Private Anthony Meixner, Dili 2006 P05381.022

Focus: photography and war 1945 – 2006 provides an overview of the historical and aesthetic richness of the Memorial’s extensive photography collection, through the images and experience of the 15 photographers working during the period 1945 – 2006.

This exhibition concentrates on the work of the very best still photographers, whose work goes beyond the mere recording of evidence and demonstrates a unique capacity to encapsulate both the subtlety and the complexity of an event in a single image.

The technological and industrial expansion of photography, film and mass media, dating from 1945, has had a major impact on the public’s appreciation or war and its consequences, due to the quality and proliferation of imagery from official photographers – Military History Unit, Defence Department and the Memorial – freelance photographers, photojournalists and the private images of soldier photographers.

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Focus: photography and war 1945-2006: venues and dates
Gallery City State Start Finish
Gold Coast City Art Gallery Surfers Paradise QLD 18 August 2007 30 September 2007
Latrobe Regional Gallery Morwell VIC 12 October 2007 11 November 2007
Monash Gallery of Art Wheelers Hill, Melbourne VIC 16 November 2007 24 February 2008
Central TAFE Gallery Fremantle WA 06 April 2008 03 May 2008
New England Regional Art Museum Armidale NSW 17 October 2008 23 November 2008
Cowra Regional Art Gallery Cowra NSW 13 December 2008 01 February 2009

About the exhibition

Ben Bohane, Australian soldiers secure the beachhead at Red Beach, Honiara, as a bulldozer prepares the way for vehicles to drive off an Army landing craft, 24 July 2003P04580.030

Photography has since its beginnings been bound in an intimate and changing relationship with war. Whether as a record of events, an analytical tool, or a form of propaganda, photography has played a critical part in forming our response to global and local conflicts. Photographers report the physical impact and the emotional effects of war: the tortured battleground, its deadly aftermath, civilian relief or humiliation, and loss.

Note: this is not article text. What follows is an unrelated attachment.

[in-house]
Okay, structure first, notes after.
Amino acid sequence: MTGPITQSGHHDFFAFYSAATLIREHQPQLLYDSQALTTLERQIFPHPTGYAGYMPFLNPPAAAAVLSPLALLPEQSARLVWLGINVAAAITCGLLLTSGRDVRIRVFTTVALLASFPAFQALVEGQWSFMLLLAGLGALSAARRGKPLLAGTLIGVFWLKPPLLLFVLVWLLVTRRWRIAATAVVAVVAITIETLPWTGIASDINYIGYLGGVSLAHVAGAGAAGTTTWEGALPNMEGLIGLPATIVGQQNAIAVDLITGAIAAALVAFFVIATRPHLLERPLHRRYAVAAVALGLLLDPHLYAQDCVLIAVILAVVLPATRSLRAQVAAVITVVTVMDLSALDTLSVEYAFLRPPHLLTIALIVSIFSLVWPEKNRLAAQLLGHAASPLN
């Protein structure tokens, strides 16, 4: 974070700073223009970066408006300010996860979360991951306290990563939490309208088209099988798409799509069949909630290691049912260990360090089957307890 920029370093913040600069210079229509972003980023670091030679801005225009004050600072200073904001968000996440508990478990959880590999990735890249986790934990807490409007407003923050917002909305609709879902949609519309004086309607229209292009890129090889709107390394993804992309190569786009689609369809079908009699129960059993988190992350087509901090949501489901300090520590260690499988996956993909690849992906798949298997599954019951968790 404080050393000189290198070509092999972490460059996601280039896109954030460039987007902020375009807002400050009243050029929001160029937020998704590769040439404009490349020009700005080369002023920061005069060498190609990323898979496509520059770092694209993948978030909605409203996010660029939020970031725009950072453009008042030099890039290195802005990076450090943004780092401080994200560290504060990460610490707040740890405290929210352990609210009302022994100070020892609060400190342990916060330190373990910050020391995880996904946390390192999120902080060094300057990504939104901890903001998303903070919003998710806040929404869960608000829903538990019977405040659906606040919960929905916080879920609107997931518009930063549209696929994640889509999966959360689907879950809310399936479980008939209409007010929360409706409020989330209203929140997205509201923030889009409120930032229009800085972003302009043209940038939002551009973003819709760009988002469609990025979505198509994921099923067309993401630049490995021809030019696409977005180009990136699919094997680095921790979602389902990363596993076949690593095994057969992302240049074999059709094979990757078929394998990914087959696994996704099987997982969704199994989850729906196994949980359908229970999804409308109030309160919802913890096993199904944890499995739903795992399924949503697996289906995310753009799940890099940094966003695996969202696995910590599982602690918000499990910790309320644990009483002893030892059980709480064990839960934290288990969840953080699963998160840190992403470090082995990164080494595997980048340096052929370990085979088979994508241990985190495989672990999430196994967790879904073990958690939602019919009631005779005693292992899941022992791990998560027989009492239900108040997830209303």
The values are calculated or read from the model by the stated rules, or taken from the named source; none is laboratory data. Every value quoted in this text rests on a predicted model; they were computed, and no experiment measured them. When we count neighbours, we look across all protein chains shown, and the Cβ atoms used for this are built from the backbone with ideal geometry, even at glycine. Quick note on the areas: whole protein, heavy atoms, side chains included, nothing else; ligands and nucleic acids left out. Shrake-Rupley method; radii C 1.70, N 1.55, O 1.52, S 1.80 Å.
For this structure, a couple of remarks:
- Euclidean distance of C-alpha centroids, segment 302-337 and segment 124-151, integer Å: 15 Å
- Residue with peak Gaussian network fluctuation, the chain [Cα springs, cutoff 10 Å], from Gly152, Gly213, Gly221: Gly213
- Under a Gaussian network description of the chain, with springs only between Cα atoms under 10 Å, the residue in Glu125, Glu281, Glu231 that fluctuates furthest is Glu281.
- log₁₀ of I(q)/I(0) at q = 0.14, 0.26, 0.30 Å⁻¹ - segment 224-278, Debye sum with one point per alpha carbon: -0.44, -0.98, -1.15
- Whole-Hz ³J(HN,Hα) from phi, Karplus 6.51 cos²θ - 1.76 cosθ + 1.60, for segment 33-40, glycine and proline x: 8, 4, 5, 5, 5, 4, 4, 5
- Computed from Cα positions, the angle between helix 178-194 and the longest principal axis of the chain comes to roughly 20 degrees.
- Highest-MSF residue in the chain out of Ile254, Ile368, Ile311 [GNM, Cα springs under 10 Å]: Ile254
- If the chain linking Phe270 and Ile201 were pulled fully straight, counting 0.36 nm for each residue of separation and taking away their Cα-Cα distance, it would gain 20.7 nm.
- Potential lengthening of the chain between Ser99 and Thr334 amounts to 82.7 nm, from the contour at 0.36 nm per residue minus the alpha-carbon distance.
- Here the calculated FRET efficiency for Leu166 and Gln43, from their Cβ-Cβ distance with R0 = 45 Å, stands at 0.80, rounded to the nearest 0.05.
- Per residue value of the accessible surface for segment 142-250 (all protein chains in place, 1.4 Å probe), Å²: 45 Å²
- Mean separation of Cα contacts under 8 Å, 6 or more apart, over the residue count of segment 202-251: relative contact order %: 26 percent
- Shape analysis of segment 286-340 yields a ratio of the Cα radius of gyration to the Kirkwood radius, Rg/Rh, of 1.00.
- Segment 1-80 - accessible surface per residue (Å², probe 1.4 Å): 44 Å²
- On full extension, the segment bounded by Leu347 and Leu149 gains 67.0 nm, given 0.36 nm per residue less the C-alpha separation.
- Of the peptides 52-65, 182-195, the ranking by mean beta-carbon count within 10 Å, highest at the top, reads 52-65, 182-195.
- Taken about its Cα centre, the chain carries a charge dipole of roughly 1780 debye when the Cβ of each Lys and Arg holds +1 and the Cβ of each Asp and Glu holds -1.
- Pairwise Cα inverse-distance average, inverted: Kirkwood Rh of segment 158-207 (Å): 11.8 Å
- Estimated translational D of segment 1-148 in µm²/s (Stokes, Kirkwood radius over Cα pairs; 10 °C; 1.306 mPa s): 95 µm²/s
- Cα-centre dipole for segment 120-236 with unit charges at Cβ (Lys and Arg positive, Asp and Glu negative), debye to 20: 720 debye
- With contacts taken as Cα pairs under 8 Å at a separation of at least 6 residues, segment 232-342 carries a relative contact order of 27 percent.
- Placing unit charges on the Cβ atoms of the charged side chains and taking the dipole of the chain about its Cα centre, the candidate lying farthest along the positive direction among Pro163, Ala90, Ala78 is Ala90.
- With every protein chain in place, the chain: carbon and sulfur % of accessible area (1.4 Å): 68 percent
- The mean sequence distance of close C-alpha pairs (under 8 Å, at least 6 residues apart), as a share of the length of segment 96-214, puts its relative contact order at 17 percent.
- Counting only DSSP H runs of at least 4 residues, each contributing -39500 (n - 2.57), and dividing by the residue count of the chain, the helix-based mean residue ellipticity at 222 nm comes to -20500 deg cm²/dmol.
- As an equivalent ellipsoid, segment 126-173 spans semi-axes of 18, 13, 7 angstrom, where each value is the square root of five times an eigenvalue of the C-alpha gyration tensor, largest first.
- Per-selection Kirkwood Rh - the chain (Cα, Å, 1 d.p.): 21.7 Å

The Australian War Memorial’s photographic exhibition Focus: photography and war 1945–2006 offers an overview of the historical and aesthetic richness of the Memorial’s extensive collection of photographs, through the images and experiences of 15 photographers working in the period 1945–2006.

The exhibition concentrates on the work of the very best still photographers, whose work goes beyond the mere recording of evidence and demonstrates a unique capacity to encapsulate both the subtlety and the complexity of an event in a single image.

Selecting photographs for Focus

The Australian War Memorial’s collection of photographs is enormous. The Memorial holds over 900,000 images, produced by thousands of photographers, many of which are searchable on the Memorial’s online collection.

The process of selecting fifteen photographers whose work represents the best of the many thousands of photographs taken after the Second World War from this vast collection was made by a curatorium drawn from the staff of the Memorial’s Photographs section: Patricia Sabine (Head of Photographs, Film and Sound), Ian Affleck (Senior Curator of Photographs), Joanne Smedley (Curator of Photographs), Shaune Lakin (Curator of Photographs), Andrew Jack (Assistant Curator of Photographs), and Ian Jackson (Research Officer).

The curatorium produced a short-list of photographers based on the scope and strength of each photographer’s work. There are many photographers in the Memorial’s collection who made fine photographs; however, we needed photographers who had produced a broad range of pictorially significant work. The curatorium felt that selected photographers should have made a significant contribution to the field of Australian war photography. They should have made a contribution to either the memory of the Australian experience of conflict, or to Australian photographic practice more broadly.

These decisions were very difficult, and this exhibition could have drawn on the work of dozens of other photographers whose work has in some way met these conditions. In the end, photographers were selected on the basis that Focus should include a broad range of photographers, including official photographers covering the war for the Australian defence force or the Australian War Memorial, photojournalists representing the media, and soldiers operating their own cameras in the field.